Aerith isn’t really dead bro, she never existed

Another point to consider is emotional sentiment for gaming experiences. Like movies and books, games can move people with deep stories and well developed characters. This is a huge indicator of where games have come over the last few decades and why they are such a popular medium. However, like books and movies (excluding works of nonfiction) games aren’t real and prolonged emotional reactions to them can push a person into the over enthusiastic category. Saying that the death of a character was sad and even shedding a few tears is acceptable as long it doesn’t require you to take bereavement leave from your job.

This is not directed at anyone I happen to be related to

But intense emotion isn’t just reserved for the story or characters of a game, but also a person’s feelings during certain scenarios within a play session. While leveling up a character is an exciting result of dedicated gaming, a celebratory gathering at a local bar probably crosses the line. On the same token, heated exchanges or death threats aimed at a multiplayer opponent might be interpreted as “over the top” to others and place you firmly as over enthusiastic.

There are a variety of other miscellaneous signs of over enthusiasm that also stand out to me. For example, dressing like a game character does not make you an over enthusiast, but dressing like a game character every day or considering it your “Sunday best” definitely is. Attending game themed events in character apparel is basically ok as long as you don’t have a press pass or are in charge of security. I’m on the fence about game themed weddings because I think it’d be awesome to attend one, but only if I didn’t know the person and it was an open bar.  I feel like a Jeff Foxworthy style list could be inserted right about here, but I’ll spare you.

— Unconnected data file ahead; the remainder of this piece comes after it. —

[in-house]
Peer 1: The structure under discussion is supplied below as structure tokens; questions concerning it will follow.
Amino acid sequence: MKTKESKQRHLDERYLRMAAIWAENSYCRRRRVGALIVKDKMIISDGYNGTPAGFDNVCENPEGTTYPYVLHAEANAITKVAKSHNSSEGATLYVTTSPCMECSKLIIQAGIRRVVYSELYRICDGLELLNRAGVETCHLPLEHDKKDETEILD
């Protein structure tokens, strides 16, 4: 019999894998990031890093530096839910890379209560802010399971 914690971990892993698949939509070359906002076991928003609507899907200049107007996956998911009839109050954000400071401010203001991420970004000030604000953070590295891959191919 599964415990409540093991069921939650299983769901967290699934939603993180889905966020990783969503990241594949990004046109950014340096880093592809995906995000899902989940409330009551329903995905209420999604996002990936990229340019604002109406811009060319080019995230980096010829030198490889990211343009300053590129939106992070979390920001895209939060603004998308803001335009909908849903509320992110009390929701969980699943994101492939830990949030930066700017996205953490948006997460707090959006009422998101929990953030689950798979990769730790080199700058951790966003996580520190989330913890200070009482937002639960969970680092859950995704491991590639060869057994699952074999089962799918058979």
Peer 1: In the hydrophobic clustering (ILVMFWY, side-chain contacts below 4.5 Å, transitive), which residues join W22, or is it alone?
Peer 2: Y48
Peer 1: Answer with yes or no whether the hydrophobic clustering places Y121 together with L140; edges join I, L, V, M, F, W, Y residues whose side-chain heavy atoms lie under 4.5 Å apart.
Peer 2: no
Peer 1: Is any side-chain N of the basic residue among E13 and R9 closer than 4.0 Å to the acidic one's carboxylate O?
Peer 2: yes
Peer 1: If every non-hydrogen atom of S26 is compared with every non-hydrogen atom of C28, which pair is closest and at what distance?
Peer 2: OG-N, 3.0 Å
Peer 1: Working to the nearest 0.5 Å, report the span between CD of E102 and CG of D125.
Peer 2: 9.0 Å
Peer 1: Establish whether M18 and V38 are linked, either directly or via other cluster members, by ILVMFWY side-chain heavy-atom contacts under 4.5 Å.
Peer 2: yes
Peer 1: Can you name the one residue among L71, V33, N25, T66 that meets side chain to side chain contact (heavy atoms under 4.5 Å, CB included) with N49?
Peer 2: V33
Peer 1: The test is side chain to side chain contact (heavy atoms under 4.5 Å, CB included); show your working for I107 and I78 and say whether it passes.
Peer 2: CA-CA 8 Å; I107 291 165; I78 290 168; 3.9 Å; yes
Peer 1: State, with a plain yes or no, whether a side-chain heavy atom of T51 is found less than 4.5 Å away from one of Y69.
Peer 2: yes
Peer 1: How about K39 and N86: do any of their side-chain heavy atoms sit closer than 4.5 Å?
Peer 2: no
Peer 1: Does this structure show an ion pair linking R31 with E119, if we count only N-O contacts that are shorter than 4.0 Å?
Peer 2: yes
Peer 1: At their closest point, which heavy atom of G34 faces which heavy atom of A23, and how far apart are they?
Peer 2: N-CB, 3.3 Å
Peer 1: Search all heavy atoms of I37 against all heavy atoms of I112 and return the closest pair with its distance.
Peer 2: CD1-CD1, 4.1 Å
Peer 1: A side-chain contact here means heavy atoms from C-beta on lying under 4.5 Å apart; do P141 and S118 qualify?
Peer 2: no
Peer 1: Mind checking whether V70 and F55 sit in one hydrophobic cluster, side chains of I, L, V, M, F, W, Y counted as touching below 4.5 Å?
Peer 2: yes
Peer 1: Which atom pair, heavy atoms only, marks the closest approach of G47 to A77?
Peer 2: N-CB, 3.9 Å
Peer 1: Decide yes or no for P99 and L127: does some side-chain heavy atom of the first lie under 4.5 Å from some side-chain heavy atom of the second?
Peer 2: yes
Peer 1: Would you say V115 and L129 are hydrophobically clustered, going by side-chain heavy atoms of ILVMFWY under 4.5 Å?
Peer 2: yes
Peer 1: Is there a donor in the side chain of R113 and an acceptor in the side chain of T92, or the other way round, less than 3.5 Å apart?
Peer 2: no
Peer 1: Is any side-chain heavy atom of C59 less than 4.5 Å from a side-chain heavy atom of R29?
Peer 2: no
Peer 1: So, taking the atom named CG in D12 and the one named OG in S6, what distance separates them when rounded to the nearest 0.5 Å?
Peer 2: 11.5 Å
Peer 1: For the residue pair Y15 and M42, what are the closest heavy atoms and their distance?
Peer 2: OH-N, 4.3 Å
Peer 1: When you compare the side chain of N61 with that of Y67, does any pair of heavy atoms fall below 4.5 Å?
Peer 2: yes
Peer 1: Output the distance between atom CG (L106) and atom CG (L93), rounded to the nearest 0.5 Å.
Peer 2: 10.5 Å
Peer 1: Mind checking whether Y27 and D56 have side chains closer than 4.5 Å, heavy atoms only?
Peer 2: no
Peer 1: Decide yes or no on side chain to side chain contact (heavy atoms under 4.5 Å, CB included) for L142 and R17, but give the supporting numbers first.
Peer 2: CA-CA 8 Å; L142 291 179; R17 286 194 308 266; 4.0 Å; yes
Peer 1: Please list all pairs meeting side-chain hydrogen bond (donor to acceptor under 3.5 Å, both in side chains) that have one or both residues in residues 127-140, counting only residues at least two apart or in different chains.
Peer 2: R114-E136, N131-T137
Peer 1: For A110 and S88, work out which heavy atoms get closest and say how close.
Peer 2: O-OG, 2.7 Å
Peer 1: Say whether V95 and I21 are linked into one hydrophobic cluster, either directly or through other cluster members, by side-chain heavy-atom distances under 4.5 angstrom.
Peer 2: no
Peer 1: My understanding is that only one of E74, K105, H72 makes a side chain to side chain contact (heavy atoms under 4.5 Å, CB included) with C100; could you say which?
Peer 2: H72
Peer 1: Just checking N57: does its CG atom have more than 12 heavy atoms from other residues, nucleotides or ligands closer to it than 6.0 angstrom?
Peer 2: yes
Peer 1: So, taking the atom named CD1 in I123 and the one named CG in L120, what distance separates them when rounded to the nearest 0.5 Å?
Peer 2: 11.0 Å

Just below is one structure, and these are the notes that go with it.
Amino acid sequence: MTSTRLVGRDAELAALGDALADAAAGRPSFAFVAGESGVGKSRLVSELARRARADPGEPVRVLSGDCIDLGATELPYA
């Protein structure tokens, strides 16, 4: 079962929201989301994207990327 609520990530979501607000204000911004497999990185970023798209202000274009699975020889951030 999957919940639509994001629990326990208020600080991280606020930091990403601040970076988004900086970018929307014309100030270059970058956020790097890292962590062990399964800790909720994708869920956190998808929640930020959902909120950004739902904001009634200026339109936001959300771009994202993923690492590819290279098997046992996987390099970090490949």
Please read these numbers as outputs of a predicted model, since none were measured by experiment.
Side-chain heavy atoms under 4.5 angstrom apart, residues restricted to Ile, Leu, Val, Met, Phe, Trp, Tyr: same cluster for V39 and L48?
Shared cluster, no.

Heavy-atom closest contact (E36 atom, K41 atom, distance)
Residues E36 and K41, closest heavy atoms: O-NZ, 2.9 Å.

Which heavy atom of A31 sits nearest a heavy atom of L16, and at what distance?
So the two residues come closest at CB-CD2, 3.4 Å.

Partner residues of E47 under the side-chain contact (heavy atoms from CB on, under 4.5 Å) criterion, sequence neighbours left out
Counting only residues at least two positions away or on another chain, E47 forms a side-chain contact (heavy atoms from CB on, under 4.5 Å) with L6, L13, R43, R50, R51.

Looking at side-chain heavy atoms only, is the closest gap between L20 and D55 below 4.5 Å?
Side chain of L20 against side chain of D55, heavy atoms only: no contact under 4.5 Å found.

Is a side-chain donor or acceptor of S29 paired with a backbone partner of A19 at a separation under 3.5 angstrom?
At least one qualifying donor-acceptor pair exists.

It can happen to anyone

This is not to say that one cannot be enthusiastic about their video games, nor do video games stand apart as the only hobby that a person can take to annoyingly extreme levels. There’s a show on TLC about clipping coupons that fits right along with the over enthusiastic theme, so it rears its ugly head everywhere. The key, like all things in life, is moderation, not merely in the time you partake in an activity but in the time that activity and your feelings about said activity make their way into the social situations. I like games as much as the next guy, just don’t want to talk about them every second of the day.

Look, in reality none of this matters if you’re comfortable with your lifestyle. I’m merely making the point that if you do value some sort of social acceptance, there are constraints to one’s life that have to be considered. I would love dressing like Chris Redfield from Resident Evil on a regular basis, (mostly because of the storage capabilities of his utility belt) but I also like being employed. Sometimes, you just gotta make sacrifices.

Sources:

Giant Bomb (pics)

1 Comment Don’t Be That Guy: Video Game Over Enthusiast

  1. gifftor

    That was absolutely hysterical. I used to work with a guy who was this way about minor league baseball. I think there may have been a causal relationship between that and the fact he didn’t consume any alcohol. Ever. Anyway. Nicely done.